CRC - Characterisation of Radiation Damage by Transmission Electron Microscopy
|Publication Date:||21 November 2000|
Our motivation for writing this book was two-fold. First, no existing book provides a complete and detailed description of the TEM techniques which have been developed for characterization of small point-defect clusters and other fine-scale radiation damage microstructures. Several good books cover the general theory and practice of transmission electron microscopy (e.g. Hirsch et al 1967, Williams and Carter 1996), but none describes fully the range of techniques considered here. These books do of course cover many topics, especially diffraction theory, in more detail than is possible in this book. Second, we fear that important lessons from the past, especially about some of the inherent difficulties and limitations of some of the techniques, are in danger of being forgotten.
We hope for these reasons that this book will be of practical use to microscopists working in the field of radiation damage. Several of the techniques described should also be useful more generally, in applications where it is necessary to characterize fine-scale, complex microstructures. We will show, for example, some studies of ion-implantation damage in semiconductors and flux pinning defects in superconductors.
We are indebted to a large number of our friends and colleagues with whom we have worked over the years. We would mention particularly Colin English, Ian Robertson and Hiroshi Fukushima. We are grateful to Ian, Hiroshi, Brian Eyre, Michio Kiritani, Murray Gibson, Bob Birtcher, Charles Allen, Stephen Pennycook, Paul Okamoto and Robin Sch¨aublin who all contributed original micrographs.
Most of our own research and publications in this field comes through our association with many talented and hard-working graduate students and postdoctorates over the past 20 years. For this we wish to thank Mike Bench, TomBlack, TimChandler, Ty Daulton, Marcus Frischherz, Graham Hardy, Simon King, Phil Knight, Bill Lee, Alison Nicol, Peter Othen, Jonathan Perks, Ian Robertson, Martin Robinson, Barry Shepherd, Brad Storey, Czes Pienkowski, John Vetrano, Bob Wheeler, and Yong Yan.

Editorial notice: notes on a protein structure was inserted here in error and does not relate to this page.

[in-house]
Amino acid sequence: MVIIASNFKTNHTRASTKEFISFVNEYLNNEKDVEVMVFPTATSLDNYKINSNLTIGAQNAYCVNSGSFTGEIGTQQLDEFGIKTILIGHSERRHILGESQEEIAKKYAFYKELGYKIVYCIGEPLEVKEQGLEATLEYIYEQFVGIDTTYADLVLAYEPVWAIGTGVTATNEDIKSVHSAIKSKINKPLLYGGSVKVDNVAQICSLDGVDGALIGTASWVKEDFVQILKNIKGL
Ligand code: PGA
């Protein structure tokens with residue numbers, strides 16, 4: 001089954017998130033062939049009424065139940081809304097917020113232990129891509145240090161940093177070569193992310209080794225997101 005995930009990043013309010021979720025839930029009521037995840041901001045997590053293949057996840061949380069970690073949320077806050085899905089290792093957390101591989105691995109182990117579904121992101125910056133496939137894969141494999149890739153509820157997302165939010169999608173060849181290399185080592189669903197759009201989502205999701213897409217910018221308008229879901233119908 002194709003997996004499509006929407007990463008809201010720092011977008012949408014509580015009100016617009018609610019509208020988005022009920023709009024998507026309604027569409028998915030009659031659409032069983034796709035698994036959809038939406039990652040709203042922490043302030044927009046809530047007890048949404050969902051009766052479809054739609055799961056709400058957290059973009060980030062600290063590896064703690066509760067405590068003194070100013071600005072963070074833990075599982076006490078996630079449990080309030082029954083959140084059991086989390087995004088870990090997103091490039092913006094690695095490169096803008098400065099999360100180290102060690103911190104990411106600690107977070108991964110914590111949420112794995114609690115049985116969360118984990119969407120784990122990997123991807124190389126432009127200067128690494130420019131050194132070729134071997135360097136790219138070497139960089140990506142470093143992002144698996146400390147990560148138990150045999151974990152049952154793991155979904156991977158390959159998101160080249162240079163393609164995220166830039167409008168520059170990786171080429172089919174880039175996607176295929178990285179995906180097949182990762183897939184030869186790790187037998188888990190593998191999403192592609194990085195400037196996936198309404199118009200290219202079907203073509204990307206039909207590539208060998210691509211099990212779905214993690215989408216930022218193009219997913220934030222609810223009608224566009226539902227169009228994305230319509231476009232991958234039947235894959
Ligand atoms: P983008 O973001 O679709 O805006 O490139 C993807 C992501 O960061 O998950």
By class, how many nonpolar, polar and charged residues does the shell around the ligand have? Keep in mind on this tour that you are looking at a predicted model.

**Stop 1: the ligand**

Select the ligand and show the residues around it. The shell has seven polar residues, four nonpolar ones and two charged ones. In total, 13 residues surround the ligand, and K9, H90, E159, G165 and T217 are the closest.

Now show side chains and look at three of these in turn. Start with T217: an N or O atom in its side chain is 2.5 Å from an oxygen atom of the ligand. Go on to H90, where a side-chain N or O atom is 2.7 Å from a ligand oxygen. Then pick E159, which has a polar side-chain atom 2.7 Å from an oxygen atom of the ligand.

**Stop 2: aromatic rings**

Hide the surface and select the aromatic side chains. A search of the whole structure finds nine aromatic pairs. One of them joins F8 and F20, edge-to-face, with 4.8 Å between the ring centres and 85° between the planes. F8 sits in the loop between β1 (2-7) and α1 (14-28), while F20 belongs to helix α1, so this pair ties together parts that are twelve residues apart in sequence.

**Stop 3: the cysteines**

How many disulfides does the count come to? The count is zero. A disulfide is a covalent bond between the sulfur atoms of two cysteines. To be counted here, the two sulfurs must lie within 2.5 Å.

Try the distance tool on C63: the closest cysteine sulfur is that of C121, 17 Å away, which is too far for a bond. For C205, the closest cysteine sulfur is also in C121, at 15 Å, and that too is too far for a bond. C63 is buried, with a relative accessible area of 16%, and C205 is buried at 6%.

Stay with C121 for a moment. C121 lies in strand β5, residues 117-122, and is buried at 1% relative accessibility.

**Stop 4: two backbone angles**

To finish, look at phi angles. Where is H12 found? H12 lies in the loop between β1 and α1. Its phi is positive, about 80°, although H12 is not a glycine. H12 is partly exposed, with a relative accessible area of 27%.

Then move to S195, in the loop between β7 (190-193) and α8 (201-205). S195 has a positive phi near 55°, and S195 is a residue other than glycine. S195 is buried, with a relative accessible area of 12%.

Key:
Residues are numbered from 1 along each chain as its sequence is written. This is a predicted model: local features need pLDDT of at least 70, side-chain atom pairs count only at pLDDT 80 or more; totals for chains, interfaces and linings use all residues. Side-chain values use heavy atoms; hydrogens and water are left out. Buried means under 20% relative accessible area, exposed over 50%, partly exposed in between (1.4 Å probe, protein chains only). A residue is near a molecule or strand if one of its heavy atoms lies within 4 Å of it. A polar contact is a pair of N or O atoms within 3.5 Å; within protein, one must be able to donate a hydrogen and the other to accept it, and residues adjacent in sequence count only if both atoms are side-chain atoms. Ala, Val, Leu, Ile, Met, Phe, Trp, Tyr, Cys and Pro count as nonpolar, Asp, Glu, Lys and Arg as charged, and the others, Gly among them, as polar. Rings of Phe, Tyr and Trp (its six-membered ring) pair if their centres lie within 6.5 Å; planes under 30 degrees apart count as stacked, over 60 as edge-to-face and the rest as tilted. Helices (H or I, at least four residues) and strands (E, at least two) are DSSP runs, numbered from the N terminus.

Some of the material, particularly in chapters 2-5, has been published in a similar form in a review by one of the authors (Jenkins 1994). We are grateful to Elsevier Press for permission to reproduce this material here. Many other figures have been taken from the literature, and we are grateful to the various publishers for permission to use these. The sources of the figures are stated in figure captions. We are also grateful to our home institutions, the Department of Materials at the University of Oxford and the Materials Science Division at Argonne National Laboratory, for support in this and past endeavours during our frequent mutual visits. Funding support for MAK has come primarily from the US Department of Energy, Office of Science.
Finally, we thank our families, especially our long-suffering wives Felicity and Stephanie, for their encouragement and support.